I did think of using my Olympus Zuiko 24/2.8 lens, but it would need a bit of cardboard to activate the aperture stop down
Note that the Sirius 28mm has a manual setting for aperture, between f/2.8 and f/22.
One thing to remember is that as you add extension tubes, the effective aperture becomes much greater than what the lens ring suggests.
This means that lighting becomes more critical.
If you are photographing anything capable of movement, then flash is almost essential.
The combination of hefty studio stand and solid attachments, meant that I could happily take shots at a quarter of a second, with no movement blur.
I took shots with the camera tethered (using DSLR Remote Pro) and with live view enabled (so the mirror is up)
The micro adjustment slide made for much easier focusing, although the lens's own focus mechanism did allow for some very slight adjustment.
If you do decide to experiment with higher magnification macro photography, then you will immediately realise that the depth of field available is very very thin.
The higher effective f-numbers also mean that diffraction will soften your image at higher ratios.
The set-up below gives around 5 times magnification, so that with the full frame sensor of the 1Ds3, you will fill the frame with an object 7.2mm x 4.8mm ( 4.5mm x 3mm on a Canon crop sensor camera)
The lens focuses at a point some 50mm in front of it.
You may find that a lens hood cuts down on flare and gives a higher contrast image. I used 20mm of a cardboard tube that just fitted over the 42mm lens mount. I blackened the inside of it with a black board marker pen.
Best detail came from the lens set at ~f/8 although better depth of field might make up for the more obvious softening from diffraction by moving to f/11 - f/16
If you want more depth of field, you might look at focus stacking, where multiple images are composited together to get a better depth of field - this is not as easy as it might seem, and if you try it, you'll find that even specialist stacking software doesn't always work.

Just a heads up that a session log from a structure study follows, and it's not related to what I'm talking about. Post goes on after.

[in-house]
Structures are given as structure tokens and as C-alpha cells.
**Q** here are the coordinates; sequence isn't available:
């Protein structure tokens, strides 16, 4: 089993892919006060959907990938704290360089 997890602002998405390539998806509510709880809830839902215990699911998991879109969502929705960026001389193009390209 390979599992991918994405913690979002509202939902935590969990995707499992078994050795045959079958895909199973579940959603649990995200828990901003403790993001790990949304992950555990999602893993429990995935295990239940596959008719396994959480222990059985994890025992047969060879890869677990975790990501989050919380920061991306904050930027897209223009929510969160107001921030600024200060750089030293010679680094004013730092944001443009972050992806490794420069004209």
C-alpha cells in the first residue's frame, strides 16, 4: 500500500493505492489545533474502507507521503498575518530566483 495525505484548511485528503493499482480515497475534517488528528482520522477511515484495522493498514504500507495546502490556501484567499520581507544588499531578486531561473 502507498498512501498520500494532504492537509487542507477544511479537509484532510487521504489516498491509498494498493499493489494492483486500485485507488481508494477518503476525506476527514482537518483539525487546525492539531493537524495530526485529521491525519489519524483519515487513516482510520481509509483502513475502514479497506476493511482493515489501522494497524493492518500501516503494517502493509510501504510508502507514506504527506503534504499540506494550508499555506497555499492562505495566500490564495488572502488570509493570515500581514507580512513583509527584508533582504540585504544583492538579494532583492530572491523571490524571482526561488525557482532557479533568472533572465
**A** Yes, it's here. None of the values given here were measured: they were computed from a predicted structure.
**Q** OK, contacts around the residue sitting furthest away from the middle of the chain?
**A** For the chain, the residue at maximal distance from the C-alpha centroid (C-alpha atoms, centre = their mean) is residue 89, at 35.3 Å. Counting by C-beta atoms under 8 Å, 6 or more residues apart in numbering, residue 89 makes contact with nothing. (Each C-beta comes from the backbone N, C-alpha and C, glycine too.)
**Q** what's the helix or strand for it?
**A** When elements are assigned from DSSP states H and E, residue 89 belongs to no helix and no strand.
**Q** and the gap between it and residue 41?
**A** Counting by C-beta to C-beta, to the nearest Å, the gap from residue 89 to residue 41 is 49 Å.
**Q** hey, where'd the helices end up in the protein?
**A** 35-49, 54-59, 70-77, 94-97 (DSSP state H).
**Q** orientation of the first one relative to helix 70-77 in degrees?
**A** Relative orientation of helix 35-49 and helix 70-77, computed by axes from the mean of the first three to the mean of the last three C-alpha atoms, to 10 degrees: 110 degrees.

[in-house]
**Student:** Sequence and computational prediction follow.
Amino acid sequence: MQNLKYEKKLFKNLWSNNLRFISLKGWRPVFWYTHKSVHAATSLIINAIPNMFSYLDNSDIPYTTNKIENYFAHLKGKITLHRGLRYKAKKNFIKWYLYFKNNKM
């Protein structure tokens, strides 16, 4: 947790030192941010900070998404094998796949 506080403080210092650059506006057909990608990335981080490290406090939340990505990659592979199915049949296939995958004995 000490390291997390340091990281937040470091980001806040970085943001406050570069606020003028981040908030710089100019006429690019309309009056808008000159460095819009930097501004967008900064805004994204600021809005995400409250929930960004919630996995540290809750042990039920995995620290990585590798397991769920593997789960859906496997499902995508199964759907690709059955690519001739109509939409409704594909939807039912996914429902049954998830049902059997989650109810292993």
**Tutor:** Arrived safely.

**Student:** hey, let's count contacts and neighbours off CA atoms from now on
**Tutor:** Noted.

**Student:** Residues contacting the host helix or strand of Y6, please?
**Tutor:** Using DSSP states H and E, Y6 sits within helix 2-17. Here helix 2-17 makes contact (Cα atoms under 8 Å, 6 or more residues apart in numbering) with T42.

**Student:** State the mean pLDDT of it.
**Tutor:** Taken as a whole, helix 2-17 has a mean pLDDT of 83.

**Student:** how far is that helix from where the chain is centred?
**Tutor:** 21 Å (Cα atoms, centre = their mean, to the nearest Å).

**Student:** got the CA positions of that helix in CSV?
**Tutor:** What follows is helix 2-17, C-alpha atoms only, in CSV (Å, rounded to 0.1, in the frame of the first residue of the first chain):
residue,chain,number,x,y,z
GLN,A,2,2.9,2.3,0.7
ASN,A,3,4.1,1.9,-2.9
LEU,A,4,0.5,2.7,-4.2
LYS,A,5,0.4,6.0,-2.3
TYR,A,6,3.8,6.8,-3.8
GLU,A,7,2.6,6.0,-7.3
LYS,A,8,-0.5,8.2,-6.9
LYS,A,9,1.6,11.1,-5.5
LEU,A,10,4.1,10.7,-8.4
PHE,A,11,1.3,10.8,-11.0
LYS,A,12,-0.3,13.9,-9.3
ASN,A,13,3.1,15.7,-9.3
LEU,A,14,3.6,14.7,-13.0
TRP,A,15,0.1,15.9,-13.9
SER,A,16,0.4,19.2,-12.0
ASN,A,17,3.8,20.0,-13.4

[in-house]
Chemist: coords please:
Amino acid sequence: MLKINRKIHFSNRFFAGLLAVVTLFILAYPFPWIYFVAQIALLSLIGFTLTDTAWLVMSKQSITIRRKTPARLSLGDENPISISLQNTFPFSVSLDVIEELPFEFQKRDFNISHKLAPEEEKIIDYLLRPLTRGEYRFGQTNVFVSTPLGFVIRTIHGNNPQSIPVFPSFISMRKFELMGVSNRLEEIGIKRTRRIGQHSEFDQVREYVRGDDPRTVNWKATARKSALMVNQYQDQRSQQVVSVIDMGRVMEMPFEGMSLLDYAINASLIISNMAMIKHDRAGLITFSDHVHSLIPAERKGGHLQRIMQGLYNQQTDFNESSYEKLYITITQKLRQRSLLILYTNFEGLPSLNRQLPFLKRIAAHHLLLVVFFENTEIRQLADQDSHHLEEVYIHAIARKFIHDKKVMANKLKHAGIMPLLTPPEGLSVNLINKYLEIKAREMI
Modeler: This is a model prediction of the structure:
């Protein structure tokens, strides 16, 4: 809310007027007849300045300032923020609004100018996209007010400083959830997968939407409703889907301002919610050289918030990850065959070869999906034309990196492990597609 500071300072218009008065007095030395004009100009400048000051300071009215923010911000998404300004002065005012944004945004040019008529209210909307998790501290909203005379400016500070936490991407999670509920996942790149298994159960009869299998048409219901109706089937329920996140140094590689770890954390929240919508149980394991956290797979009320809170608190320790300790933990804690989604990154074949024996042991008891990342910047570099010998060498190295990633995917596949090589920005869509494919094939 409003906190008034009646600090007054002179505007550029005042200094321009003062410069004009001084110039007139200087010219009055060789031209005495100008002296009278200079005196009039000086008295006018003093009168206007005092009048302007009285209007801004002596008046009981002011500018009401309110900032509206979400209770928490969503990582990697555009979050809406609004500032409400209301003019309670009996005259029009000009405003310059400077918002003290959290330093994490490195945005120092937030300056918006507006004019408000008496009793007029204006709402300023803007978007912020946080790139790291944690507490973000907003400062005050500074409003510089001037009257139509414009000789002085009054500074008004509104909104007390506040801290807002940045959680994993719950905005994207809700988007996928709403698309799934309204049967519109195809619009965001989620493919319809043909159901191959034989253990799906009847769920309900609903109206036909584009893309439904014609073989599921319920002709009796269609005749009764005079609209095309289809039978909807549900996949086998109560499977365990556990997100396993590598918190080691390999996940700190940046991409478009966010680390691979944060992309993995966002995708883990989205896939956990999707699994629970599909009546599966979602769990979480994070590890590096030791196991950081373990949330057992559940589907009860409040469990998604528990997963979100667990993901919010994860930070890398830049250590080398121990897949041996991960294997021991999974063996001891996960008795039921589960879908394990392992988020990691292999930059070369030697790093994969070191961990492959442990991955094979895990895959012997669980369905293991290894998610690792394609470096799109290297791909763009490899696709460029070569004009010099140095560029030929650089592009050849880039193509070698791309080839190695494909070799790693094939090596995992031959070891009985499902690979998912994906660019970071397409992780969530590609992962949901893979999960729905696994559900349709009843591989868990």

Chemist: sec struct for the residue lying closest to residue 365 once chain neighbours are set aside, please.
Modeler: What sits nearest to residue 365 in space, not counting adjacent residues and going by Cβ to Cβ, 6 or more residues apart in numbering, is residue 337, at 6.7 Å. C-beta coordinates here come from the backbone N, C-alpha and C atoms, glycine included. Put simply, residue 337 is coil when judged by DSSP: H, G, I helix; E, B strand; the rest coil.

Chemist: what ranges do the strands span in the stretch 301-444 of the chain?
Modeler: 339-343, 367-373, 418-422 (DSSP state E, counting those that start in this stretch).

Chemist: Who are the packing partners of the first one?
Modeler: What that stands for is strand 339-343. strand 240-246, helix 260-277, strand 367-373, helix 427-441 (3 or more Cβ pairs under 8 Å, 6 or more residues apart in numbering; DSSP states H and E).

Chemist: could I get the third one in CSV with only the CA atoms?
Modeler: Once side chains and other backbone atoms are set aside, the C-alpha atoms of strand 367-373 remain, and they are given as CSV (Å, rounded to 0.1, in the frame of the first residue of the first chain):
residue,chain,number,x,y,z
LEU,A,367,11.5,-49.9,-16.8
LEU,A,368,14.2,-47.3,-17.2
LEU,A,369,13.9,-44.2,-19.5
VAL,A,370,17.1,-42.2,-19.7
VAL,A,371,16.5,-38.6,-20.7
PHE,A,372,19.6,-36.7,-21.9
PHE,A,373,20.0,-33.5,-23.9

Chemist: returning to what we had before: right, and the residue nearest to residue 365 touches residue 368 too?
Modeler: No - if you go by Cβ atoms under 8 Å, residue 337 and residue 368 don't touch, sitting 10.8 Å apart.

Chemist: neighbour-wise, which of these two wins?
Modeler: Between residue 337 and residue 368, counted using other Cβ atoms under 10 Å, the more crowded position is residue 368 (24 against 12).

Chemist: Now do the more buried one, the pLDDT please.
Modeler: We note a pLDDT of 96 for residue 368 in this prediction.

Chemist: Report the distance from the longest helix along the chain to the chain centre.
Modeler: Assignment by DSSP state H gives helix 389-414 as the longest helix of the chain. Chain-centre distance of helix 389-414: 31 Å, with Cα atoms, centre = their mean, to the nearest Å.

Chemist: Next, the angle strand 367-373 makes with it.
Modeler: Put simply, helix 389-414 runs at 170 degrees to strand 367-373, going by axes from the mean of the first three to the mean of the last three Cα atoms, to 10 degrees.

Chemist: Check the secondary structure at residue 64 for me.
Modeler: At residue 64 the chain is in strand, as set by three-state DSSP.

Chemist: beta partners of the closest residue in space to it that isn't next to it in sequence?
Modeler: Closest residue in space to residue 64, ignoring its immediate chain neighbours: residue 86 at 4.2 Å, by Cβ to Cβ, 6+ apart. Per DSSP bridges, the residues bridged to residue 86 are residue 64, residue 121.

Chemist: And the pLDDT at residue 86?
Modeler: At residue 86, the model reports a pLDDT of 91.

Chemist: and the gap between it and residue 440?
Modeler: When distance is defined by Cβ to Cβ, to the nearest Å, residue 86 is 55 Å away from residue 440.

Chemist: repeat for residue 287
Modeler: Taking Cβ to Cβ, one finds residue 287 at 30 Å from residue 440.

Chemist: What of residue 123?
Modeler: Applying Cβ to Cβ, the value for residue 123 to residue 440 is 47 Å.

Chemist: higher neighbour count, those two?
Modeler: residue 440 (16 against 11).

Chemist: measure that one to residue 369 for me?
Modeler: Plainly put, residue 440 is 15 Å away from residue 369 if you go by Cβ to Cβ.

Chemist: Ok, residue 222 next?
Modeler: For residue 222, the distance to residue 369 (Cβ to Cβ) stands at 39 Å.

As I said, this was for a test project for one of our clients - if I was going to be doing shots like this more than a few times, I'd probably get that specialist Canon MP-E65 lens and a flash unit for specialist macro use. [note: In 2012 I did indeed get an MP-E65]
However... there is only so much equipment I'll buy on a whim, just to try things out ;-)
I can't show the actual object I was photographing (which was 0.75mm square and had writing on it), but here is a somewhat larger electronic components where the pins are spaced 1mm apart.
If you look carefully you can see another problem with using very high f-ratios... dust spots - far more than you'd ever see in normal use.
Here's another test shot of a microprocessor chip - this image looks great as a 16x22 print.
So, if you'd like to experiment, get a set of extension tubes to try with your standard lenses, and if you want real detail, have a look in camera junk shops or Ebay for suitable old lenses.
I was able to get good results (albeit with slightly less magnification) with several different 'standard 50mm' lenses from old film cameras.
If you are using tubes with a Canon lens, you need one to control the aperture setting of the lens from the camera
Remember too that if you are using a crop camera, then you are effectively getting even higher magnification, with the crop sensor.
Article history - first published July 2011 (We got an MP-E65 later in 2011)
A few more experiments....
The views in this article represent those of Keith Cooper.